While laboring to build up the kingdom of Yahshua on a hot summer day, a single sister and I rinsed maggots off potatoes. The little wiggling worms were disgusting and gross, and I rejected any potatoes for my evening’s meal. I really suffered when I worked in the communal kitchen. While the men obtained new tools from Home Depot, I hand chopped cabbage and shredded carrots because the Twelve Tribes wouldn’t buy a food processor for the lowly women. I constantly cut my fingers on the exceedingly dull knives I was forced to use.
Almost all Twelve Tribes members work 16 to 18 hour days with no pay, health care, insurance, vaccinations for the children or medical care. Because of my severe back injury, I could not work like most community slaves. I went to bed at 9:00 p.m. almost every night. In comparison, most tribes members went to bed at 11:00 or 12:00 p.m. or later and then awakened at 5:00 a.m. for the morning minchah or gathering.
After the Twelve Tribes excommunicated me for “rebellion”, I educated myself on cults and how they recruit. I traveled to the Wellspring Retreat and Resource Center in Albany, Ohio for two weeks and received education pertaining to my cult involvement. The Twelve Tribes horribly disparage Christianity, but I wish to acknowledge the wonderful generosity of an unnamed Christian who prefers the designation “Ms. Christmas.” Ms. Christmas donated $5,000 so I could participate in the program at Wellspring Retreat and Resource Center. Thank you, Ms. Christmas. Several days after I left the Twelve Tribes, I counseled with Bob Pardon and Judy Barba, (now Bob’s wife) of the New England Institute of Religious Research. As my mother and I traveled toward Lakeville, Mass., in our meeting with Bob Pardon and Judy Barba, I was terrified, because of phobia indoctrination or bad things occur if you leave the protective confines of the community. I clearly feared an an imminent car accident and sudden lightning bolts from the sky. Elbert Eugene Spriggs, the leader of the Twelve Tribes, vilified Bob Pardon and his ministry in a scathing letter. I believed like all tribes members that Bob Pardon was the devil incarnate. In my mind Bob even had horns. After 10 hours of driving from Buffalo, New York to Lakeville, Mass., I refused to exit my mother’s car because the NEIRR ministry was housed in a church building. Once again the community used phobia indoctrination causing me to believe that if I entered a Christian building or church that “the roof would collapse,” a tornado would rip through the building, or poison gas would circulate through the air conditioning system.” According to the inane ramblings of “Yoneq”, (Elbert Spriggs) Christianity is the “whore of Babylon and the mother of harlots.”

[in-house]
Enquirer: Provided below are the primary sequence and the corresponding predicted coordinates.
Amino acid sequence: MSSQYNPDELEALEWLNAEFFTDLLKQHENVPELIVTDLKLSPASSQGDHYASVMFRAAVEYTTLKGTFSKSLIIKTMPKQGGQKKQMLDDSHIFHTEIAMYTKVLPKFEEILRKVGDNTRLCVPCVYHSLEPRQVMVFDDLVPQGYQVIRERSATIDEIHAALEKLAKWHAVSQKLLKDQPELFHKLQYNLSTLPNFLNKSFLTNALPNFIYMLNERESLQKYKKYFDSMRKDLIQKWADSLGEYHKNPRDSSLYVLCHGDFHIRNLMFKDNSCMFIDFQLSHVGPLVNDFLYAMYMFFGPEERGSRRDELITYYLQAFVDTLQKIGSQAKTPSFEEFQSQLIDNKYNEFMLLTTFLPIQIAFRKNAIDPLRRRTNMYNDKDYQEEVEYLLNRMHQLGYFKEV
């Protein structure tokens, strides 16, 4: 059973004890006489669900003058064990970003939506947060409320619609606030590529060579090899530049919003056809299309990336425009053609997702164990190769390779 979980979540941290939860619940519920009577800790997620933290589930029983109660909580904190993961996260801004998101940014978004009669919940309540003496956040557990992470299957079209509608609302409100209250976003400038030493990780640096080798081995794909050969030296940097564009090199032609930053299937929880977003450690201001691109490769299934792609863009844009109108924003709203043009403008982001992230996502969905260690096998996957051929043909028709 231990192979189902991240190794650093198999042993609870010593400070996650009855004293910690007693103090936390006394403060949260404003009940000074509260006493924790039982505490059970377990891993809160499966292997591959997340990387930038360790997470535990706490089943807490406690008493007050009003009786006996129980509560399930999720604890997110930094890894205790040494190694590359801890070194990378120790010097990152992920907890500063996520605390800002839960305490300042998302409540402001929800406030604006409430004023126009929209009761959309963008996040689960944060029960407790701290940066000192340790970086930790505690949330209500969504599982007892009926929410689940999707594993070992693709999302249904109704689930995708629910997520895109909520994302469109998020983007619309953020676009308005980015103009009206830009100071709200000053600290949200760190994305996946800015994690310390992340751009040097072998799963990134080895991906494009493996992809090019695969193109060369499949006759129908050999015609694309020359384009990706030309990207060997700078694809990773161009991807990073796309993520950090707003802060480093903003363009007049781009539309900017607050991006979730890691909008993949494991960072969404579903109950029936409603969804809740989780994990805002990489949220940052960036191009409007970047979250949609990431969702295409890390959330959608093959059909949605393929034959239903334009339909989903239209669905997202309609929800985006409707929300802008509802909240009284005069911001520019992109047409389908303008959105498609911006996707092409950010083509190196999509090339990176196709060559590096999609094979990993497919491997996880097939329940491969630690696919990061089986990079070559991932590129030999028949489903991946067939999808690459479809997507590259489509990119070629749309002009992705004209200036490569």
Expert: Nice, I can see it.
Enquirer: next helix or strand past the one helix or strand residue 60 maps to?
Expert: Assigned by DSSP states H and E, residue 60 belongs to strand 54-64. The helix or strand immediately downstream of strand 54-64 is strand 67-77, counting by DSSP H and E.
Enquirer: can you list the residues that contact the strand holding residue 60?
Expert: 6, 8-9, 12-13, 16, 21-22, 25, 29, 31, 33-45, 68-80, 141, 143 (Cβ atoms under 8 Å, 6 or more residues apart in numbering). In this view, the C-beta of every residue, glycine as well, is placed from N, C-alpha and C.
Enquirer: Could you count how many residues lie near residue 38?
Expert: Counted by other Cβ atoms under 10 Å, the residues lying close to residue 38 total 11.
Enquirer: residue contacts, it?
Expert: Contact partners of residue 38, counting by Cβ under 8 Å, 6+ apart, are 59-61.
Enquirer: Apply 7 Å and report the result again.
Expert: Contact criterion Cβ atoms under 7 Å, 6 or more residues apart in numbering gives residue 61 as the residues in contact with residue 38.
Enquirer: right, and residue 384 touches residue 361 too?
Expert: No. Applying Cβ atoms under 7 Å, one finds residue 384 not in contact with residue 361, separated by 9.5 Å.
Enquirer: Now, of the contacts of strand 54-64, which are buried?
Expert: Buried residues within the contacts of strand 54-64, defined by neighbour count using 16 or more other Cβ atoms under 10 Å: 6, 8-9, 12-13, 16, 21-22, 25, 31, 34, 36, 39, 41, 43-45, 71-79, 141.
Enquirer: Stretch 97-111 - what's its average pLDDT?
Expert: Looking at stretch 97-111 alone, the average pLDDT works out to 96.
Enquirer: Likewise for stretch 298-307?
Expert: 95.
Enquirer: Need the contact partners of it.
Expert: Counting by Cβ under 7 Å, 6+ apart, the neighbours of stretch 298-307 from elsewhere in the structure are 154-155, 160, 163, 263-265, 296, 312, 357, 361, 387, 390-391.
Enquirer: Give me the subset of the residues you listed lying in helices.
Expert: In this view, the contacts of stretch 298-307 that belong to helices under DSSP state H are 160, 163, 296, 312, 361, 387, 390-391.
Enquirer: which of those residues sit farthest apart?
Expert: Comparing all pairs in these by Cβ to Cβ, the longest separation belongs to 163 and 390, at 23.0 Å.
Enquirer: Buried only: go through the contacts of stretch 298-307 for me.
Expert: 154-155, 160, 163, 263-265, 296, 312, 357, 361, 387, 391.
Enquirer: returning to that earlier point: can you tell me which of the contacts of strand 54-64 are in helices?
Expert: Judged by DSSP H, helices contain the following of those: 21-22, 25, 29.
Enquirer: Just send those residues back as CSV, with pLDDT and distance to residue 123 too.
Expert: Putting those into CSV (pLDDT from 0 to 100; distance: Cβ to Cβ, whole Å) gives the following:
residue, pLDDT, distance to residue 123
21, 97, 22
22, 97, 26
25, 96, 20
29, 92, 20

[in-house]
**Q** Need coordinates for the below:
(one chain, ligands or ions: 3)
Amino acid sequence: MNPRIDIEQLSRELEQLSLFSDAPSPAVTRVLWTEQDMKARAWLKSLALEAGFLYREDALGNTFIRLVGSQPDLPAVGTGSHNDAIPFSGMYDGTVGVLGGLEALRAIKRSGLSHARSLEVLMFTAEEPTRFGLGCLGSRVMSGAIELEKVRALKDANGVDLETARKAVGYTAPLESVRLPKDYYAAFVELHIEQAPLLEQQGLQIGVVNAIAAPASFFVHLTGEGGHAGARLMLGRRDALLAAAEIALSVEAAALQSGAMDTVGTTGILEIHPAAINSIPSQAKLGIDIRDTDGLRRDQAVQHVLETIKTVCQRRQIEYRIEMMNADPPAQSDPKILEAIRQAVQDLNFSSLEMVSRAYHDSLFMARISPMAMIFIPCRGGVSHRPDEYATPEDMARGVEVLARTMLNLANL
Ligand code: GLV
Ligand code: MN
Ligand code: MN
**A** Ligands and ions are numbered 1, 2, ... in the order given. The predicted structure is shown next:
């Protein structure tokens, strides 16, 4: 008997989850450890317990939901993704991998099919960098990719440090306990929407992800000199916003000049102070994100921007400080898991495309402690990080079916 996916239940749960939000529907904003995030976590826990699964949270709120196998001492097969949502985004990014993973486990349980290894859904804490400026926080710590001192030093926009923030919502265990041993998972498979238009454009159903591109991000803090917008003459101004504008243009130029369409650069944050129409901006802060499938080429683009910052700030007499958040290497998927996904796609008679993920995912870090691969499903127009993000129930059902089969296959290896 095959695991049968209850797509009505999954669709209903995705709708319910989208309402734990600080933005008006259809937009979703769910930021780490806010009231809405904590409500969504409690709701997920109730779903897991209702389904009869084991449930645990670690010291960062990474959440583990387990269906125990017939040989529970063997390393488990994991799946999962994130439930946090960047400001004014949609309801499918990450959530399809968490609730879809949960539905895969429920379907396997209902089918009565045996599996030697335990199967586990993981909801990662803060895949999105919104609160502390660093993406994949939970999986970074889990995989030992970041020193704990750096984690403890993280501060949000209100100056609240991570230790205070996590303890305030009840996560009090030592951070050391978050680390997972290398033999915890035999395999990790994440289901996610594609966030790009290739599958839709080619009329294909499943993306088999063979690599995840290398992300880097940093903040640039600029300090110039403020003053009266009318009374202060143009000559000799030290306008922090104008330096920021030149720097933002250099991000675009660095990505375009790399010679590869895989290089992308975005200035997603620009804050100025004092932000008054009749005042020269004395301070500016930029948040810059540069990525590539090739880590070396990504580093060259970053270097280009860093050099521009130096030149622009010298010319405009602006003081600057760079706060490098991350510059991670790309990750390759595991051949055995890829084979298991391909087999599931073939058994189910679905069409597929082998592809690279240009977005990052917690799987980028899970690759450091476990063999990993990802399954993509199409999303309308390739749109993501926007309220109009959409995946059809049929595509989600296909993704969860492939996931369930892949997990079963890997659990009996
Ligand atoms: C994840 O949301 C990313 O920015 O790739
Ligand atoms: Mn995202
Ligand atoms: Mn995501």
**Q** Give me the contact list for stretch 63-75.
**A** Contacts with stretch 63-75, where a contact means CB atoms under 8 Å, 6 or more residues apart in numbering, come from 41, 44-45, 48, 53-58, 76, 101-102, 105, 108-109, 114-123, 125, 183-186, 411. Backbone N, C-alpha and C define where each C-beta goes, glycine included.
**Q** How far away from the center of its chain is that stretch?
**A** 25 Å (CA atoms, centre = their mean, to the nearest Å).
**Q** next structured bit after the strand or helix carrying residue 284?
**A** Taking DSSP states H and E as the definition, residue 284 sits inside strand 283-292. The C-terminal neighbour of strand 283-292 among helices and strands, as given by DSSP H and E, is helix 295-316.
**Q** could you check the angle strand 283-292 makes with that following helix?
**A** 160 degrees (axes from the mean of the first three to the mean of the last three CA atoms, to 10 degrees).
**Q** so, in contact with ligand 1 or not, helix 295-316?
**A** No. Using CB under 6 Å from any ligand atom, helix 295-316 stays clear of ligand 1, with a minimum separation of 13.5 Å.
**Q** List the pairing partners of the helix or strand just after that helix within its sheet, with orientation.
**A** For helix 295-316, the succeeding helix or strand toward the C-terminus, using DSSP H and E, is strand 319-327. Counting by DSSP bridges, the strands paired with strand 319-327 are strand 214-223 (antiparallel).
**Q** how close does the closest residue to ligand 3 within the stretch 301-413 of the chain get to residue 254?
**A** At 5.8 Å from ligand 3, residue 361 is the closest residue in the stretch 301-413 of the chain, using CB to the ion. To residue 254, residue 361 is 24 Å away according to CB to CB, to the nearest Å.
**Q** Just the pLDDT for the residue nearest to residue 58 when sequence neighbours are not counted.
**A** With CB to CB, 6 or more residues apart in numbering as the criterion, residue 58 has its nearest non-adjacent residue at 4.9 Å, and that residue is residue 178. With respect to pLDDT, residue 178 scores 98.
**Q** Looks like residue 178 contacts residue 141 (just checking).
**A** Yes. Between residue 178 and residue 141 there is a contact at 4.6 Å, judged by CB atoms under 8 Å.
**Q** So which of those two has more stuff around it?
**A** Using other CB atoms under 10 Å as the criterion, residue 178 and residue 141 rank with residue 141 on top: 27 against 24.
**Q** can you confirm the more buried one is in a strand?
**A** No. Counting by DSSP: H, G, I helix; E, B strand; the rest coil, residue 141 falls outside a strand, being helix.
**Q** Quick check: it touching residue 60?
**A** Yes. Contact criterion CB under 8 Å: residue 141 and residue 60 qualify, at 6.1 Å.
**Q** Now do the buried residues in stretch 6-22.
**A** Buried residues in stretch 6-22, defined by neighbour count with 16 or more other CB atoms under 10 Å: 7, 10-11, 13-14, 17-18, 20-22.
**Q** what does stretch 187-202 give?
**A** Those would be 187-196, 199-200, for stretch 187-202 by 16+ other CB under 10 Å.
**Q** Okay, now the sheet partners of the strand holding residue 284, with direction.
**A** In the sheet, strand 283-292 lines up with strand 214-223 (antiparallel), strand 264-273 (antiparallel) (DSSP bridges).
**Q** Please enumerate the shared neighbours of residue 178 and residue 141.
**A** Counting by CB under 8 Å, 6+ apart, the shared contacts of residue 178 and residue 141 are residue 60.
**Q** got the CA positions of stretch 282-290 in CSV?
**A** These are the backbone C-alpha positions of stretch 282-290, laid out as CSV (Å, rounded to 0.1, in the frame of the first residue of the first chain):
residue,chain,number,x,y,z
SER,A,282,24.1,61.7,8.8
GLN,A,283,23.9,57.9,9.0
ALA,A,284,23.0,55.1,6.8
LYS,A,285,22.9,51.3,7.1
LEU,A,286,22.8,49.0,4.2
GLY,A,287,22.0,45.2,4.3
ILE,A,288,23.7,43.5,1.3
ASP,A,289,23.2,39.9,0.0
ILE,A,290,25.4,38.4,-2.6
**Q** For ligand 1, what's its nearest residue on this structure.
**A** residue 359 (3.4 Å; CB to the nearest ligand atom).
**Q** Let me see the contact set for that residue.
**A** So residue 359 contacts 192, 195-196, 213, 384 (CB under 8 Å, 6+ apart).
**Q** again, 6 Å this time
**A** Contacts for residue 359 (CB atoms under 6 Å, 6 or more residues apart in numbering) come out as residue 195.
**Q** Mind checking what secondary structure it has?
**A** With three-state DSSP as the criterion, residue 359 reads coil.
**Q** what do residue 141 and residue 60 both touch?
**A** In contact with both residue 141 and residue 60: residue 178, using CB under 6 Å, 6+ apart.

Bob and Judy patiently and kindly approached our car and introduced themselves to my mother and myself. My mother explained the situation to Bob and Judy, and they said that they understood my predicament because of his experience with other former members of the Twelve Tribes. After Bob calmly spoke with me and exhibited Christian compassion, I eventually summoned enough courage to enter the NEIRR ministry building! To my surprise, no poison gas surged through the air condition system of the building, neither was there a tornado! When I exited the car, I was still wearing “sus pants (balloon pants) and long wavy dry and extremely damaged hair because of a lack of hair conditioner. My hair lacked control and took on a frizzy appearance. I looked like cousin “It” from the Addams Family! If my appearance frightened Bob and Judy, they failed to say so; they were so kind and gracious. Today, my shoulder length curly brown hair is properly nourished and healthy.